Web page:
Merle Haggard's My House of Memories: For the Record - Paperback Limited Edition Book
- Mass Market Paperback: 320 pages
- Publisher: Harper Entertainment (April 2, 2002)
- Language: English
- Product Dimensions: 6.8 x 4.2 x 0.9 inches
Somewhere in the middle of this blunt autobiography, Merle Haggard talks about the "art called country music" and describes it astutely as "emotion set to rhythm." "A song was an excuse," he writes, "to sing some of the sentimental things." Perhaps it's not surprising, then, that when Haggard attempts the unsung word he's oddly terse, dry, and emotionless--despite his roaring successes and multiple misfortunes. Haggard is nothing if not frank, although his candid storytelling often becomes sensationalistic. For example, his five-year coke orgy during the late '70s and early '80s warrants the opening chapter of an otherwise chronological tale. The death of his father when Haggard was 9 is clearly the defining moment of his life, yet we have to get past his wet T-shirt phase before we hear about it.
Haggard spends well more than half the book recounting his early-life travails--revolving-door stays in institutions, halls, reform schools, jails, and prisons of every sort. His misspent-youth stories are enthralling in a certain way, but he seems to tell them from the perspective of either a child who doesn't understand what's happening or an elder who has the benefit of experience--never from the perspective of a man going through these horrors at the time. He even writes on a number of occasions that he looks at his younger self as a completely different person, which may explain why his accounts often lack emotional depth. He recalls (often crudely) his numerous fights, drunken escapades, sexual conquests (stories about wanting to "get into her pants"), and many other sordid details (must we hear the story about his steel player farting during a show?) to the point that what gets short shrift, unfortunately, is his brilliant music. In a way, though, a memoir like this makes perfect sense because Haggard has never pulled any punches. And while the book doesn't offer many of his own insights, it certainly presents a clear picture of his remarkable life, which allows readers to draw their own conclusions about his personality and his music. Perhaps we should be thankful Haggard saves his emotions for his songs--they always make for thrilling listening. --Marc Greilsamer --This text refers to an out of print or unavailable edition of this title.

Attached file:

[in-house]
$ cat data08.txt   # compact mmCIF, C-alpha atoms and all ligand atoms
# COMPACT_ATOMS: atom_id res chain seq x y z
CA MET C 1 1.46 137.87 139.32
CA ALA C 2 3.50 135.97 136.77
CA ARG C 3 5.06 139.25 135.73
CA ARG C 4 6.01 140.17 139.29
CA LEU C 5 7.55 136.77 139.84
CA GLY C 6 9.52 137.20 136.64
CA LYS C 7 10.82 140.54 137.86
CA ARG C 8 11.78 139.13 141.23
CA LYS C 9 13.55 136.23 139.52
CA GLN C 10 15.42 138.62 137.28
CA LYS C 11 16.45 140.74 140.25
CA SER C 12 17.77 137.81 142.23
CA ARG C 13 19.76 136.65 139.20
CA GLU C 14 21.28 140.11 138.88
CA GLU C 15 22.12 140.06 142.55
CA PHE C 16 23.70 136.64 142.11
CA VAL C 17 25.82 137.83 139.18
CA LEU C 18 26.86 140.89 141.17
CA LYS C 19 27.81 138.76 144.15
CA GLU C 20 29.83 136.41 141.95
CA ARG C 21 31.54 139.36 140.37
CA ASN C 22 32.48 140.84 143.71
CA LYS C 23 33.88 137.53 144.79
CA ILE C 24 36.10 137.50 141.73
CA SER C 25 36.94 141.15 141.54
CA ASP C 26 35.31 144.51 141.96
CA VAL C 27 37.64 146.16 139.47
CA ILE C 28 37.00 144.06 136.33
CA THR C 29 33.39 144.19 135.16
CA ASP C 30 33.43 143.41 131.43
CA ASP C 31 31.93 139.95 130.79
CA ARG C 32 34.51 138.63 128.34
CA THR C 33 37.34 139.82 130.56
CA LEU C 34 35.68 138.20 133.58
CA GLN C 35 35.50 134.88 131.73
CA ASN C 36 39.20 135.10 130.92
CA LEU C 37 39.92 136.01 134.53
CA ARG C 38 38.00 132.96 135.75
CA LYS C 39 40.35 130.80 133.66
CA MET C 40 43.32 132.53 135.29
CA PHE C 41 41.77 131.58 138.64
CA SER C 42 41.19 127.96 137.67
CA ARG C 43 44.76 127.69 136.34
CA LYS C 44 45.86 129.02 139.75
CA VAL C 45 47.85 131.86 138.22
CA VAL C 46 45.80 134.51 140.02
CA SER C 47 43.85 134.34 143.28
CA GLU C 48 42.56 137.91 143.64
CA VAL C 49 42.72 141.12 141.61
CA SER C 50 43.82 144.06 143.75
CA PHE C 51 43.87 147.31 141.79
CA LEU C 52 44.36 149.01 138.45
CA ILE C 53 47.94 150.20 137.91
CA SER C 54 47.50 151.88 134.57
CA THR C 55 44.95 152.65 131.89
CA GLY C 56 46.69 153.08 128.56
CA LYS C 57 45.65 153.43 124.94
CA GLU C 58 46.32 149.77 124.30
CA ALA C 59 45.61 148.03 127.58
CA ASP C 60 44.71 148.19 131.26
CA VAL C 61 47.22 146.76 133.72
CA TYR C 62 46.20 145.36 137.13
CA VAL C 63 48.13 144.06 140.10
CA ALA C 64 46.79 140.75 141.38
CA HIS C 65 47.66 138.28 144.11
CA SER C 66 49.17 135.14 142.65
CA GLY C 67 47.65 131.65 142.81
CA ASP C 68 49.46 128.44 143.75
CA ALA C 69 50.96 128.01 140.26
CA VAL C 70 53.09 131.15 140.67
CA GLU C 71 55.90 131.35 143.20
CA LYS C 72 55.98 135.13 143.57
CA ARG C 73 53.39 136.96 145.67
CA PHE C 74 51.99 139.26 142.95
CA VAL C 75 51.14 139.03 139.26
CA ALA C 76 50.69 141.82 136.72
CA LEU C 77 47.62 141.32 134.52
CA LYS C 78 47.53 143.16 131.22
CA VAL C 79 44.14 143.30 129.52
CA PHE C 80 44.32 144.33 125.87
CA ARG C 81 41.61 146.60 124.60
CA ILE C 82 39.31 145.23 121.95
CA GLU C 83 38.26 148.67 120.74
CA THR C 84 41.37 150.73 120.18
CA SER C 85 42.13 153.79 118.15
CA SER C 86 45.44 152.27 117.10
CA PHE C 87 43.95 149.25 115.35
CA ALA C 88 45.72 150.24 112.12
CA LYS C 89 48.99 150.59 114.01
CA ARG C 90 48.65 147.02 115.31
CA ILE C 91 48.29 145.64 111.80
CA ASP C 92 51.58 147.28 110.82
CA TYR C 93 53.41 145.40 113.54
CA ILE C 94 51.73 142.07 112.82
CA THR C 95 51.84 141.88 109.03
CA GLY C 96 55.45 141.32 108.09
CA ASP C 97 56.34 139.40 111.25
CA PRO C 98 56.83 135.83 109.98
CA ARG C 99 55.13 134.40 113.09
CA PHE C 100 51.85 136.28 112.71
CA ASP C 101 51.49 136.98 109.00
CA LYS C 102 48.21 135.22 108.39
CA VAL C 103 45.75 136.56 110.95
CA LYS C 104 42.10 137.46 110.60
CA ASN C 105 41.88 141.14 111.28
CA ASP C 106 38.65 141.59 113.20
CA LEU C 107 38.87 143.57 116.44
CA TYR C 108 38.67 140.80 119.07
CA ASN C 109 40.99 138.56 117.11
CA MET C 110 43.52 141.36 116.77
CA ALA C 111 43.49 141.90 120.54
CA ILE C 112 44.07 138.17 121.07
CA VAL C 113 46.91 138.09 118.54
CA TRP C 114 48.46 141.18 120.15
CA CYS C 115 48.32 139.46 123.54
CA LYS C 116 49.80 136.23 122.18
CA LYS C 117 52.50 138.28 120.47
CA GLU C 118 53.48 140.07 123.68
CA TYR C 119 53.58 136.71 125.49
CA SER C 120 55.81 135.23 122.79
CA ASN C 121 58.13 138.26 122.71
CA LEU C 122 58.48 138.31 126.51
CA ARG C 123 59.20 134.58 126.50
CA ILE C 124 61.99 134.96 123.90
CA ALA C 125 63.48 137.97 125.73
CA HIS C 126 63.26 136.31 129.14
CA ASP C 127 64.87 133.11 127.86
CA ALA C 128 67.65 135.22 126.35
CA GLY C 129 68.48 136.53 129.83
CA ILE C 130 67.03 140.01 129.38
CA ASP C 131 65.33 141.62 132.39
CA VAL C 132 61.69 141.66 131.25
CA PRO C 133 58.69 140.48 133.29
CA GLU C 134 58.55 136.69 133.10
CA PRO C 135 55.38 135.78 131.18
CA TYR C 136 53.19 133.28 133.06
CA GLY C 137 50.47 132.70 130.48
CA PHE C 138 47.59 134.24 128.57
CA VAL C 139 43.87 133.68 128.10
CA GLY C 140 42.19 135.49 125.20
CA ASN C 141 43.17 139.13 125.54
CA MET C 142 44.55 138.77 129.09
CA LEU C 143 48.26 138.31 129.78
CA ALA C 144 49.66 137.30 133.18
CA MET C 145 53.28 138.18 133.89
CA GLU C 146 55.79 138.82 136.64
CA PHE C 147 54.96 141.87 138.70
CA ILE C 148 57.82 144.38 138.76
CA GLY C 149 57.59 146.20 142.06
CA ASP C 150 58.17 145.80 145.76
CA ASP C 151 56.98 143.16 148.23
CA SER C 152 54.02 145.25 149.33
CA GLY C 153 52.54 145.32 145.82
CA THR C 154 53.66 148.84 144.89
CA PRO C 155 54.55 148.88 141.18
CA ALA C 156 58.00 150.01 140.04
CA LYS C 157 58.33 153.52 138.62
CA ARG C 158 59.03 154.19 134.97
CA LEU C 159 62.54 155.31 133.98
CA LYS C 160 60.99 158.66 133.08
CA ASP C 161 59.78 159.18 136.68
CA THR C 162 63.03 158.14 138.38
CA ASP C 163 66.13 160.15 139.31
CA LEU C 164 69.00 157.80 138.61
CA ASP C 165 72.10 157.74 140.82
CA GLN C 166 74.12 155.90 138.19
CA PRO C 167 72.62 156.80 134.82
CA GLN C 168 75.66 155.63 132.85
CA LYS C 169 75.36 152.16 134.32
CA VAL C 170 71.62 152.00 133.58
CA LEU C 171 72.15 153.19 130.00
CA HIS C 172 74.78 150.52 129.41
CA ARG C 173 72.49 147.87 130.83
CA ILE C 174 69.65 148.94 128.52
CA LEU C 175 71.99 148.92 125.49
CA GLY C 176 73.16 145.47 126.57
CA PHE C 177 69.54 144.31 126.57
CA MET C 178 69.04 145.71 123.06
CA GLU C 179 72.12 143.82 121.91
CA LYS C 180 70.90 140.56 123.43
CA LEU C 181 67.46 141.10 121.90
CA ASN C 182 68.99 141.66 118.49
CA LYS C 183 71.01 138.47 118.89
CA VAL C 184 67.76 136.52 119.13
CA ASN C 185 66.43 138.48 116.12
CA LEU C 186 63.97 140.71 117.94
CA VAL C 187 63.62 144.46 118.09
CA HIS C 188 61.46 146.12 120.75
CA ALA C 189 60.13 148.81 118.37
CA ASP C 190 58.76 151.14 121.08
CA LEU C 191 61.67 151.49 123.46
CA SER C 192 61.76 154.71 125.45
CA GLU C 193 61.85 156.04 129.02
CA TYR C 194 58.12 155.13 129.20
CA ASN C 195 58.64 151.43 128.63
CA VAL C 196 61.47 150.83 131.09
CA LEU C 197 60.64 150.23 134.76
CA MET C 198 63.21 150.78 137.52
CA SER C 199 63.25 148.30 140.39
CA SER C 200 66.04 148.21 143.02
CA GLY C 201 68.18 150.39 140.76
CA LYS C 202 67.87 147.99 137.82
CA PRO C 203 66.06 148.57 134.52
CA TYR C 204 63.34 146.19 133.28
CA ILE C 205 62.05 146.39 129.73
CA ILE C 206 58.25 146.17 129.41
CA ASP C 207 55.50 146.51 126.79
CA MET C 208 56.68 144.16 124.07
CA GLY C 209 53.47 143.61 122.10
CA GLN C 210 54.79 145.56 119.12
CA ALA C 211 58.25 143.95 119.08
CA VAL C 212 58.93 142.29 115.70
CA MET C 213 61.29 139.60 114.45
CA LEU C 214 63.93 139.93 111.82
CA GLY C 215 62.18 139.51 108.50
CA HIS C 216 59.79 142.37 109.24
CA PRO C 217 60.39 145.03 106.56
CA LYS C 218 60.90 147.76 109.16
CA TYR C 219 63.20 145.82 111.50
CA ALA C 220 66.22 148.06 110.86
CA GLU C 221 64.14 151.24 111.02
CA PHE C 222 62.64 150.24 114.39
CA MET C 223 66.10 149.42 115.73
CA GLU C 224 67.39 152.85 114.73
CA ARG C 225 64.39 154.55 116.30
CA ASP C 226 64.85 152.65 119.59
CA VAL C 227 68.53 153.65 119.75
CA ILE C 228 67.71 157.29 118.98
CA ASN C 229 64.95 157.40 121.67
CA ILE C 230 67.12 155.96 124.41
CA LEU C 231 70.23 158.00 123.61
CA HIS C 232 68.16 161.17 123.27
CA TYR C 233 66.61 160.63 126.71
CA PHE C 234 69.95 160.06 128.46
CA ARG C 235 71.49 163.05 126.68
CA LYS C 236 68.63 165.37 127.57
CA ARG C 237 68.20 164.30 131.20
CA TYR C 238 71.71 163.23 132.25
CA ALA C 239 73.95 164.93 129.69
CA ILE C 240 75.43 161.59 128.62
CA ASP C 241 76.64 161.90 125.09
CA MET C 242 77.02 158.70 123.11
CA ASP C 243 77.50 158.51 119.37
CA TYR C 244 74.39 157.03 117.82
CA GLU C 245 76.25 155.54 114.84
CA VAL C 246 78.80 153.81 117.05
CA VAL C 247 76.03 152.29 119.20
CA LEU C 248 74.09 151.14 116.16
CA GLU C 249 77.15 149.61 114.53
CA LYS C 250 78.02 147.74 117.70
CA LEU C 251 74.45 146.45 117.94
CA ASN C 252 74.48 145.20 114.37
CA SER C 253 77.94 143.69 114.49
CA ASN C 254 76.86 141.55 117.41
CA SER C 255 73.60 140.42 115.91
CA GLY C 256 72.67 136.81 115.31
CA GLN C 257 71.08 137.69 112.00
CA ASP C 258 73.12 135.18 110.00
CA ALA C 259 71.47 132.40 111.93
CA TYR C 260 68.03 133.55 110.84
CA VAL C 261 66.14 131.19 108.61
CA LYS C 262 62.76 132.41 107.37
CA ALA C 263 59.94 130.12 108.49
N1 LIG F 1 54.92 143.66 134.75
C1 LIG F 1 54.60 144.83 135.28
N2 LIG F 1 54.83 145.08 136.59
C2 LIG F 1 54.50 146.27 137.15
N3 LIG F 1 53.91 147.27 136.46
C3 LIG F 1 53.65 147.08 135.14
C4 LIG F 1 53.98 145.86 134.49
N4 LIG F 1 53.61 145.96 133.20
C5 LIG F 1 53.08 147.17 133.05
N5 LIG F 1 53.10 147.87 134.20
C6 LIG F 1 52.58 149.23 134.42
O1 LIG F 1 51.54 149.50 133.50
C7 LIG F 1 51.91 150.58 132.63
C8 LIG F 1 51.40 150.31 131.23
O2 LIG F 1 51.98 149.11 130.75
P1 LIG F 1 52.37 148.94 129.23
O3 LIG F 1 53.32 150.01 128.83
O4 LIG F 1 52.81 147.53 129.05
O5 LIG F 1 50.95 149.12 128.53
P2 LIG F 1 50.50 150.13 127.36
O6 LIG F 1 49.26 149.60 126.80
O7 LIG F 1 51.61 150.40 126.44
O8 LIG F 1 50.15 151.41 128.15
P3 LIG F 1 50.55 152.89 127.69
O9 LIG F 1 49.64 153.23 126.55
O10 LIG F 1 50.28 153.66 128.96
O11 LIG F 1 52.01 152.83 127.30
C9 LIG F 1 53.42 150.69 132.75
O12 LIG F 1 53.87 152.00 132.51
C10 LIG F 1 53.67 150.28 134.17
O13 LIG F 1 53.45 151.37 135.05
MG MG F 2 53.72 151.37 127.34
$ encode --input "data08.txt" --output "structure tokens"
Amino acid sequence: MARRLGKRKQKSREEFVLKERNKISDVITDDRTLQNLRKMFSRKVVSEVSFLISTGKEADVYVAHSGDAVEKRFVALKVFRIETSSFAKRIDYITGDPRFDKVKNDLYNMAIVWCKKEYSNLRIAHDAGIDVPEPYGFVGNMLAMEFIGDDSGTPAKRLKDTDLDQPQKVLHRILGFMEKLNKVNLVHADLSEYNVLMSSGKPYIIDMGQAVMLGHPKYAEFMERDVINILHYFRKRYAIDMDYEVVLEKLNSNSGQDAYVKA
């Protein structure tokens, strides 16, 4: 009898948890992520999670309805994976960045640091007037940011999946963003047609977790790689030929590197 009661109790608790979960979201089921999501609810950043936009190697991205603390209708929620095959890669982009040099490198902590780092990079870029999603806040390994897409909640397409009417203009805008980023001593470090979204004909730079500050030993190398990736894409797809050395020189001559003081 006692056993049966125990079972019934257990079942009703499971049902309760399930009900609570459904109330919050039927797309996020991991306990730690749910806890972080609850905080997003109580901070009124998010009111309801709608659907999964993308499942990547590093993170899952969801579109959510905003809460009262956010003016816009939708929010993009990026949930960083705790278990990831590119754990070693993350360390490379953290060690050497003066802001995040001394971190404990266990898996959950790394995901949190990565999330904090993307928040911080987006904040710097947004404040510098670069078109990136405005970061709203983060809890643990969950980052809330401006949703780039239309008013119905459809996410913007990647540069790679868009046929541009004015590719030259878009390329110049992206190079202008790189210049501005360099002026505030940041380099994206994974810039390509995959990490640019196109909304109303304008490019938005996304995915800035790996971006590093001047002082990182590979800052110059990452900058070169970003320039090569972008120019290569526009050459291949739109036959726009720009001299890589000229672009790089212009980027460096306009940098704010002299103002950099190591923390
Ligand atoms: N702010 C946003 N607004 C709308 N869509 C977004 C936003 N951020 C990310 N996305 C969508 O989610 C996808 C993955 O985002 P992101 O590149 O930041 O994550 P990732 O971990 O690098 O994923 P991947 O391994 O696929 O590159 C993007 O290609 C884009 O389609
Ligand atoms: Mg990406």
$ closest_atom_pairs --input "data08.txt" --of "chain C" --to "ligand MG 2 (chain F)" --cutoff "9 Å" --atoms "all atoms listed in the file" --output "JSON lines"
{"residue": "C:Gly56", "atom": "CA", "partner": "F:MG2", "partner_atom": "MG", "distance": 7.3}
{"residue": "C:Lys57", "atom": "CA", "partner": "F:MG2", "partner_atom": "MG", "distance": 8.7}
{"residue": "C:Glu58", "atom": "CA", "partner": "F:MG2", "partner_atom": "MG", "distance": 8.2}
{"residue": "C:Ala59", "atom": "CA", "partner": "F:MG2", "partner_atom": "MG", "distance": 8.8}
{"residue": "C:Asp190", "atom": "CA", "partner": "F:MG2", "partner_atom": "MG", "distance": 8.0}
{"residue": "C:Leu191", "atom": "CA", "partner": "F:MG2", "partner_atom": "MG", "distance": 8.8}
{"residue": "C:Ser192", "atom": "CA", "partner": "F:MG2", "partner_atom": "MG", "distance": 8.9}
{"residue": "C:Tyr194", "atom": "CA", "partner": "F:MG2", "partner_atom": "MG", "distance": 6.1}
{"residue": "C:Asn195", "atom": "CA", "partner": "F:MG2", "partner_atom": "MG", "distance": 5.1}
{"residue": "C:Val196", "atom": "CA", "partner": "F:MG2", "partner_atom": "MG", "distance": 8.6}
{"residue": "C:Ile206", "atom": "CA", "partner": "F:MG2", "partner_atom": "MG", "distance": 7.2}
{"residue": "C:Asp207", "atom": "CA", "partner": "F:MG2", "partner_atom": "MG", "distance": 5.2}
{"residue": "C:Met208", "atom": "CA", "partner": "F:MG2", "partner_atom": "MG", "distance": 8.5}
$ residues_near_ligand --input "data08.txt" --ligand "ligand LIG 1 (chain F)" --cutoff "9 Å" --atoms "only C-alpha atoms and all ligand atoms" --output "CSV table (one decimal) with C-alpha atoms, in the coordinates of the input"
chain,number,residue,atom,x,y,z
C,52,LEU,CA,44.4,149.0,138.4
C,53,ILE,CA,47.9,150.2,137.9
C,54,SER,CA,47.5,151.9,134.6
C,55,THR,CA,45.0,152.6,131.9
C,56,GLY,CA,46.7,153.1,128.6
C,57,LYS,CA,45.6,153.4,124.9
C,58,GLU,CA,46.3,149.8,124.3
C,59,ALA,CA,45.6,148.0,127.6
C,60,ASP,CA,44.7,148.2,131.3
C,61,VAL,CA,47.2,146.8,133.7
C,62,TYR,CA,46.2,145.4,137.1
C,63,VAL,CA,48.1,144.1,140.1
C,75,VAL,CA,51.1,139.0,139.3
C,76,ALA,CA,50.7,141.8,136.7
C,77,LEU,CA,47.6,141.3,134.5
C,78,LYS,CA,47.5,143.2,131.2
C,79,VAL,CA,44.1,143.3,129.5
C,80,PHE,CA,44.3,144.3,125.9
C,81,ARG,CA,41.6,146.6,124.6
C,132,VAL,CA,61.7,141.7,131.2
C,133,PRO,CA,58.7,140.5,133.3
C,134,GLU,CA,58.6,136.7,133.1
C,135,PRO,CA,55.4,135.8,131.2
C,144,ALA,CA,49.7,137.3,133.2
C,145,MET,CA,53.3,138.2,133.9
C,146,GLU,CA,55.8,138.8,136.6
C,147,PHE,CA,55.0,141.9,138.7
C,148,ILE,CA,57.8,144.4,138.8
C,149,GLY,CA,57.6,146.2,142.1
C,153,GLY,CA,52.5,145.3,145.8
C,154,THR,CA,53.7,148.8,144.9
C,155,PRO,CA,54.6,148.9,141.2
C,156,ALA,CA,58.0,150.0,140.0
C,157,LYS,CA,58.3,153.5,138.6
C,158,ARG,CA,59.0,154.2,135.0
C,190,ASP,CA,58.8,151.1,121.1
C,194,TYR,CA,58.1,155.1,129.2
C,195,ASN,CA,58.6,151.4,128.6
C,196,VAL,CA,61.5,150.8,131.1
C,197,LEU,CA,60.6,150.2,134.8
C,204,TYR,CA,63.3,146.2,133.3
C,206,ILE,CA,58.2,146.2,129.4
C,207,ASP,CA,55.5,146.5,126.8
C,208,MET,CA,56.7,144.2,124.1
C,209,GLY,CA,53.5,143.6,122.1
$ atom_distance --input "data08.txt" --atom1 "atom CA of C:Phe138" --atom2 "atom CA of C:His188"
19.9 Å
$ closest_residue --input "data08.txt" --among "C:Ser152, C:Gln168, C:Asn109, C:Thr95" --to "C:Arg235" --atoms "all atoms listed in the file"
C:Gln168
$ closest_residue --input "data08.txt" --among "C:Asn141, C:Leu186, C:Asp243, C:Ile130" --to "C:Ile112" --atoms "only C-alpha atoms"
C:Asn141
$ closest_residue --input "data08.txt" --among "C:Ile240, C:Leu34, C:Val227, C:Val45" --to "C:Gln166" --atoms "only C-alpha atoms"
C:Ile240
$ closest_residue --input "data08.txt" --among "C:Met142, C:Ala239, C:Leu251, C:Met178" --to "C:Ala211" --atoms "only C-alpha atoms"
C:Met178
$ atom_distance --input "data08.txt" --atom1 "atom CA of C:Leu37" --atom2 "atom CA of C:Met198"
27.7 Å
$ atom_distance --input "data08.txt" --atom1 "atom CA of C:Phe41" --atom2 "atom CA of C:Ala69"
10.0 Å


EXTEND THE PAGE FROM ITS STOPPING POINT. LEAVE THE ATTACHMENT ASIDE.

From Library Journal
Named for one of Haggard's greatest hits, this book is published to coincide with a 50-city farewell tour.
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